1. If this is your first time on BYC, we suggest you start with one of these three options:
    Raising Chickens Chicken Coops Join BYC
    If you're already a member of our community, click here to login & click here to learn what's new!

Need advice re: euthanasia that didn't go well

Discussion in 'Emergencies / Diseases / Injuries and Cures' started by abqferreira, May 26, 2016.

  1. abqferreira

    abqferreira Out Of The Brooder

    87
    3
    38
    Jun 14, 2010
    Albuquerque, New Mexico
    I got baby chicks a week ago, and one little polish roo hasn't looked well since I got him. His crop was enlarged, he had a prolapsed vent, he was wobbly and unsteady. He wasn't growing like the others, and the rest of the flock was starting to pick on him. Yesterday he looked a little better, and I went to sleep feeling cautiously optimistic. I found him this morning laying in the box looking quite dead. In a panic I scooped him up so the kids wouldn't see, and realized he was 95% dead. I couldn't bring myself to break his neck or decapitate him, I was worried I would do it wrong. So I put him in a sandwich bag with about 3 Tbsp baking soda and maybe 1/4 c hydrogen peroxide, then added a kid sock for him to lay on, and closed the top. I realized after I did it that I didn't think to seal out the air.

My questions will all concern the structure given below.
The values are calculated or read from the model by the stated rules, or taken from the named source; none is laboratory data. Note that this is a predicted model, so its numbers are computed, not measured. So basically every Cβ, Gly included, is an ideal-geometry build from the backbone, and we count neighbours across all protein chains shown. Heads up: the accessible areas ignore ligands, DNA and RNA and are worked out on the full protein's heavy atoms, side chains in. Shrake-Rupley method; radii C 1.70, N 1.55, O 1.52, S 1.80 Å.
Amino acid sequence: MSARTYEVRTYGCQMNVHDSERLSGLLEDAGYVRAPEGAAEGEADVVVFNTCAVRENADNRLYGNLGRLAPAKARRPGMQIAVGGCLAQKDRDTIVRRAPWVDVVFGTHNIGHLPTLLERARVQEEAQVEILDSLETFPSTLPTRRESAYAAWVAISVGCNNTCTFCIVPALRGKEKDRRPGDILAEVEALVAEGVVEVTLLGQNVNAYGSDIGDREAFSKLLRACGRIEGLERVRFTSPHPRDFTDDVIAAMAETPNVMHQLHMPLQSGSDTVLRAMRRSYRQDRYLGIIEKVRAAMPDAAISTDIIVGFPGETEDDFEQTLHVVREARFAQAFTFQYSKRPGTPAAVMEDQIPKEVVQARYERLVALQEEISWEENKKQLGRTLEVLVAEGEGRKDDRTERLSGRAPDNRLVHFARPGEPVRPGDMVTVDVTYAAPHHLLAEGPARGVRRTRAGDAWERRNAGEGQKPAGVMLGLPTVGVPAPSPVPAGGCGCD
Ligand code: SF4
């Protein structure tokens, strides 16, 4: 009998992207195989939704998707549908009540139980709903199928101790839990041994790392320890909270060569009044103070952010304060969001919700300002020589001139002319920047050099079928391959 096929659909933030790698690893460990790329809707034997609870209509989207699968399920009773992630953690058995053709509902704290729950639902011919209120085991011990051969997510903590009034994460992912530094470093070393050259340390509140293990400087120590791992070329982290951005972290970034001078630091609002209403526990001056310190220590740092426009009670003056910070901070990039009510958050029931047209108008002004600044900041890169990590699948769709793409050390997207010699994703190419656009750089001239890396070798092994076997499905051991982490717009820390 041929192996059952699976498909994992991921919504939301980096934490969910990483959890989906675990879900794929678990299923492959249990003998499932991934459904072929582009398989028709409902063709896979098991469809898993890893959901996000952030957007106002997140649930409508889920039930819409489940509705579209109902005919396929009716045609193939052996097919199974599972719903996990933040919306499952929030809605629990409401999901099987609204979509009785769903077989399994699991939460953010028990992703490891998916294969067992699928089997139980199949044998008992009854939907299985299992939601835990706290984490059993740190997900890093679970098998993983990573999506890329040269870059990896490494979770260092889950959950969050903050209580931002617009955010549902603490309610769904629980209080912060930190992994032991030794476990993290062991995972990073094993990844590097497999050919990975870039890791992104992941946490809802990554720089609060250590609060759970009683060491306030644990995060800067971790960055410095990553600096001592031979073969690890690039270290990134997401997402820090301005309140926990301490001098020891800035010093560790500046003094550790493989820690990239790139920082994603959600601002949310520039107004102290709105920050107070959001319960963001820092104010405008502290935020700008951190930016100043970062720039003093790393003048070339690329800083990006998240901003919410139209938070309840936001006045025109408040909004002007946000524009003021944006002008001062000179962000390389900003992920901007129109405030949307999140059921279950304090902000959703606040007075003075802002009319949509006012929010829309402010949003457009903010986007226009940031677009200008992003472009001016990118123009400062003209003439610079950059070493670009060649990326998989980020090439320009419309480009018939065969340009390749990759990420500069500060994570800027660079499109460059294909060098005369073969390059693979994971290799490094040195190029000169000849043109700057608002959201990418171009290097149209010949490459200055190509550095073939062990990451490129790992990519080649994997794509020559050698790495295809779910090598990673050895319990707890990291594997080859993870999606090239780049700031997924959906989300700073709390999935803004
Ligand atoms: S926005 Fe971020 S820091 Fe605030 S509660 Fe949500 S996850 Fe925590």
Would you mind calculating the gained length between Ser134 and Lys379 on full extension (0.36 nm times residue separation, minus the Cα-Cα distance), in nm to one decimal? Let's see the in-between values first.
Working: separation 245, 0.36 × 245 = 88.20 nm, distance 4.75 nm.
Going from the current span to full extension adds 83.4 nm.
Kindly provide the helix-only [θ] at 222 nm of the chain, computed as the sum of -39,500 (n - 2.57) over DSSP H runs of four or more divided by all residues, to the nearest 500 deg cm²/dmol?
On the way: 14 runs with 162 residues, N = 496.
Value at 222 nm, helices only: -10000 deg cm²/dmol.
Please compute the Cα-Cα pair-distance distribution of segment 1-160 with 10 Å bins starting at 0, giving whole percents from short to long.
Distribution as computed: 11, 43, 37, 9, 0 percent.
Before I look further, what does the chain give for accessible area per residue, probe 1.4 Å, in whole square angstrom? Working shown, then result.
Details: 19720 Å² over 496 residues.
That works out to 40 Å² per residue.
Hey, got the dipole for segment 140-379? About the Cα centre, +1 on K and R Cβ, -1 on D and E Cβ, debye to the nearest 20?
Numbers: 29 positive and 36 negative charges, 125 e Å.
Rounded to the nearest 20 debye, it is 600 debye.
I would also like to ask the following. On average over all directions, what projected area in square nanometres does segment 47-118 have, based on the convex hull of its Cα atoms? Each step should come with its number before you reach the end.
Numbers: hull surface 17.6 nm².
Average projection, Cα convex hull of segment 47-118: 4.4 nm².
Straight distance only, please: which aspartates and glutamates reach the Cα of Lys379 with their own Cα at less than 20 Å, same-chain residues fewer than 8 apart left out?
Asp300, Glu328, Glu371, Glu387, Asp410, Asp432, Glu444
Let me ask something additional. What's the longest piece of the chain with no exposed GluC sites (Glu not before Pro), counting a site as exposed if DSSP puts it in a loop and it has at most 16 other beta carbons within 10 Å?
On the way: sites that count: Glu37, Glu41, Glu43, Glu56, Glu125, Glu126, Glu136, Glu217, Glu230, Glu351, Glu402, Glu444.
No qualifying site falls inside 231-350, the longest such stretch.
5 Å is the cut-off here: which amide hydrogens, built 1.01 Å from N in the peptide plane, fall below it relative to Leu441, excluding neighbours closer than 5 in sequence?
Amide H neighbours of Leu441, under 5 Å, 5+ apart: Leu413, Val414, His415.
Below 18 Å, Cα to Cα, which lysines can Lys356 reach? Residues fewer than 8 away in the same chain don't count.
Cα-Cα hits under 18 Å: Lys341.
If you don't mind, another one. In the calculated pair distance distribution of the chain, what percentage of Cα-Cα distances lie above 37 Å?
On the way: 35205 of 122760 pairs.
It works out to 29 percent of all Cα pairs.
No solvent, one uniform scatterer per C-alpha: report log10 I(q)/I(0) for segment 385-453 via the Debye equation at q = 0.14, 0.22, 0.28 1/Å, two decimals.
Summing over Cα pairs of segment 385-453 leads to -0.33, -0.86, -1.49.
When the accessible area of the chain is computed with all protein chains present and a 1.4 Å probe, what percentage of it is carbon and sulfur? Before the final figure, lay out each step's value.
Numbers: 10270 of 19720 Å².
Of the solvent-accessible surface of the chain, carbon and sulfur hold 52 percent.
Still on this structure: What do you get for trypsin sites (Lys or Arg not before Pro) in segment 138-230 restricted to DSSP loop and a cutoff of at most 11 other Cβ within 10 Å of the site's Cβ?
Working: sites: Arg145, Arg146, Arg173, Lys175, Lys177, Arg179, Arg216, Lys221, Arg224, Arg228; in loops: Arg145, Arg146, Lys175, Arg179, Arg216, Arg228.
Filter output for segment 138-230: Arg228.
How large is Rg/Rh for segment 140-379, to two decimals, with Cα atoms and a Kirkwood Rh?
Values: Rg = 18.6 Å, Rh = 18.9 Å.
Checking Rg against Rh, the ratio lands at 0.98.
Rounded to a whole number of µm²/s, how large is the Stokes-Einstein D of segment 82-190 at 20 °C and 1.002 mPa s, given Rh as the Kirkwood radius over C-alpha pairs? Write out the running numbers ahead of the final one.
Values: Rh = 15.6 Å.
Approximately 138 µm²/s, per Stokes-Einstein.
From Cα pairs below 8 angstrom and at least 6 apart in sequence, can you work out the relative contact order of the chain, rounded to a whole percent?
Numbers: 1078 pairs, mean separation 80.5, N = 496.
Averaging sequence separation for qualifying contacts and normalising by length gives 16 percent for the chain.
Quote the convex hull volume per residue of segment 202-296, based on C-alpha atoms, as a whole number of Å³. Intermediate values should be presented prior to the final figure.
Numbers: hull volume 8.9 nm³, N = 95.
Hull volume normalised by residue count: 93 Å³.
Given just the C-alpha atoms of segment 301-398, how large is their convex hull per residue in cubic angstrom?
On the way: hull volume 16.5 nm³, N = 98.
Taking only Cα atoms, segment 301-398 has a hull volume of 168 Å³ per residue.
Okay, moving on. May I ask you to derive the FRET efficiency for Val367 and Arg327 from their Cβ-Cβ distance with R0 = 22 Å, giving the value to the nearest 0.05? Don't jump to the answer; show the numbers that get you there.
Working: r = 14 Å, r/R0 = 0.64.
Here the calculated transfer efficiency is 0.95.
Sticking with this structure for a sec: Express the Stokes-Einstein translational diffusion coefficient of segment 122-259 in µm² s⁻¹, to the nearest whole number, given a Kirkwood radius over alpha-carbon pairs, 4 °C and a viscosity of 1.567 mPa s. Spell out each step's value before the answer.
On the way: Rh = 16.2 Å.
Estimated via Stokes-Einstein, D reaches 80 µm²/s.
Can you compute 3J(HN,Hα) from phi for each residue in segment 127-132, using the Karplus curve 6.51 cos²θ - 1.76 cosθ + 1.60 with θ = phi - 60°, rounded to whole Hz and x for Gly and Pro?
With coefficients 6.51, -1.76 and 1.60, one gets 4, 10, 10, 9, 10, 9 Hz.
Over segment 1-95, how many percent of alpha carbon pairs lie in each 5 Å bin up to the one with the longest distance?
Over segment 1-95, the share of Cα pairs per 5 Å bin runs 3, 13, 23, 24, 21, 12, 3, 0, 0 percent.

He never resisted and his eyes were never open, but he lay there gasping for an hour before he passed on. I thought this should have taken much less time, and I'm worried I gave him a less than humane death because of my inexperience. Was the hydrogen peroxide too old and not potent enough? Should I have sealed out the air? Or was this what I should have expected for it to have taken so long?

    Any advice would be appreciated so I am better prepared next time. It was a hard morning, and if it could have been easier, I would like to know how to improve things.
     
  2. sourland

    sourland Broody Magician Premium Member

    63,100
    7,207
    726
    May 3, 2009
    New Jersey
    You did the best that you were able to do, and given his debilitated state I doubt that he 'suffered'. Harsh as it may seem, cervical dislocation/decapitation is one of the most humane ways to euthanize a bird.
     
  3. abqferreira

    abqferreira Out Of The Brooder

    87
    3
    38
    Jun 14, 2010
    Albuquerque, New Mexico
    Do you have any resources for how to do it so I can be ready for next time? I should mention, I'm a nurse, so I don't have a problem with death or illness. I just don't want to botch it and have him suffer as a result.
     
    Last edited: May 26, 2016
  4. sourland

    sourland Broody Magician Premium Member

    63,100
    7,207
    726
    May 3, 2009
    New Jersey
    On a chick that small a pair of strong scissors or shears would be quick and effective. Grasping the bird in one hand, placing the forefinger and middle finger of the other hand to each side of the head on the neck , pulling firmly and quickly works. For many it is a hard thing to do, but it is quick and 100 % effective.
     
    1 person likes this.
  5. abqferreira

    abqferreira Out Of The Brooder

    87
    3
    38
    Jun 14, 2010
    Albuquerque, New Mexico
    Thanks, good advice.
     

BackYard Chickens is proudly sponsored by